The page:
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Woman with a Book, 1932

Pablo Picasso

Spanish, 1881-1973
Oil on canvas
51-3/8 x 38-1/2 in. (130.5 x 97.8 cm)
The Norton Simon Foundation
F.1969.38.10.P
© 2013 Estate of Pablo Picasso / Artists Rights Society (ARS), New York Reproduction, including downloading of ARS works is prohibited by copyright laws and international conventions without the express written permission of Artists Rights Society (ARS), New York

On view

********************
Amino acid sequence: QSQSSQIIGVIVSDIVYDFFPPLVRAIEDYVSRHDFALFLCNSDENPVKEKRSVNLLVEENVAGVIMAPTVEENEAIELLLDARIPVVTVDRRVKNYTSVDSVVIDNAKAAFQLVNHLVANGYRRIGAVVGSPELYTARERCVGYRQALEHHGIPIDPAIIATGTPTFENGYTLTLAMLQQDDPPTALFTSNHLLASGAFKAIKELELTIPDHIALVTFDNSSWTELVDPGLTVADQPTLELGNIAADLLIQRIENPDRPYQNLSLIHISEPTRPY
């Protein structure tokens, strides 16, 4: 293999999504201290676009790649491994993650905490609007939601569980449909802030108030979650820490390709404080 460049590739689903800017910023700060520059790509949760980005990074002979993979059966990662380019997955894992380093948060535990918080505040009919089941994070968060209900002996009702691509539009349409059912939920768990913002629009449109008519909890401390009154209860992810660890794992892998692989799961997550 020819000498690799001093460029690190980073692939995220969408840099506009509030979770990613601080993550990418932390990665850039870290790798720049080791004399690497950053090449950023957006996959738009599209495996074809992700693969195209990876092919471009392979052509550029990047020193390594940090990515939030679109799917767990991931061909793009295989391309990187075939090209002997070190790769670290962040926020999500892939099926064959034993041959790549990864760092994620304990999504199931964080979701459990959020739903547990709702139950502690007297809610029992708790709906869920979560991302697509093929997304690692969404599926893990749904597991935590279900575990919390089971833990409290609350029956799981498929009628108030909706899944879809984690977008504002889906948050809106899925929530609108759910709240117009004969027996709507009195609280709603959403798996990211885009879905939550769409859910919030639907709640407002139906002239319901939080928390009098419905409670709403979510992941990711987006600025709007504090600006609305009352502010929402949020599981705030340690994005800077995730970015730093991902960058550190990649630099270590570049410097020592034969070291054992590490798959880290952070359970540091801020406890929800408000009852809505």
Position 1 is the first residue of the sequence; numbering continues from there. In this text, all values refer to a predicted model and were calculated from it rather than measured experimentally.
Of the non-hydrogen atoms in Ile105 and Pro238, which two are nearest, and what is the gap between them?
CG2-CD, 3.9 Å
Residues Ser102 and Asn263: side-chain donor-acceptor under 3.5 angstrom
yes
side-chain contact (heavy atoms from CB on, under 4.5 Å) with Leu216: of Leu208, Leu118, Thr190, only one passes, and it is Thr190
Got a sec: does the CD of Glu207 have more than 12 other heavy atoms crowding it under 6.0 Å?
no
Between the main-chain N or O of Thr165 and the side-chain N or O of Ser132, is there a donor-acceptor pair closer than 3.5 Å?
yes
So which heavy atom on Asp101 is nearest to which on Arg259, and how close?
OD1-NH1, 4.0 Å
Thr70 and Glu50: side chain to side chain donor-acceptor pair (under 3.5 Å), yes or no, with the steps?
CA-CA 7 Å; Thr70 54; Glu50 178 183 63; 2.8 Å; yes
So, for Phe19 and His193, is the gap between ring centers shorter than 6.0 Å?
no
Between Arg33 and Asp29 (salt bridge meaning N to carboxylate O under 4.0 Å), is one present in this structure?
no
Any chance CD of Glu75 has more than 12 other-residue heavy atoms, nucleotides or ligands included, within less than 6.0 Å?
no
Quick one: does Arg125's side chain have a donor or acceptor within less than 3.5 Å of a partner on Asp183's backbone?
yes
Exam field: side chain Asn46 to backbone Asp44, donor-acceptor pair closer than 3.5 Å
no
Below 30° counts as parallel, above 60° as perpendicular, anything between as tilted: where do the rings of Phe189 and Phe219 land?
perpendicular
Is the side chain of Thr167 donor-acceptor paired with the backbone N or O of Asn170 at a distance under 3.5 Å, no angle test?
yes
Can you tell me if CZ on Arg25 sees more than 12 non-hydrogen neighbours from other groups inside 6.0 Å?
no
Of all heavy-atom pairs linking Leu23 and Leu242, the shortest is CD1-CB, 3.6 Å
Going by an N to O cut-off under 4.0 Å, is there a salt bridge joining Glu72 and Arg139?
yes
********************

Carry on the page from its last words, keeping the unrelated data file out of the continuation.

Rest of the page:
Among portrait painters of the twentieth century, Pablo Picasso was the one most visibly influenced by Jean-Auguste-Dominique Ingres. It was from Ingres that Picasso could best harness, and then synthesize, the linear abstractions and stringent realism subtly explored by the neo-classical artist, arriving at a careful balance that proved fundamental to the twentieth-century artist’s work. In Woman with a Book the connection is made explicit. Basing his work on one of Ingres’s extraordinary portrait of Ines Moitessier, Picasso transforms the earnestness of the mid-nineteenth century sitter into a dreamy portrait of his current lover, Marie-Thérèse Walter (1909–1977). The chromatic riot and the web of thick black lines describing the simplified forms of both her bourgeois interior and her ripe sexuality contrast with the dreamy mystery of the sitter’s gaze. In so doing, Picasso has, to be sure, updated the genre—highlighting at once the push and pull between realism and abstraction that lies at the heart of twentieth-century portraiture and of modern art over all.

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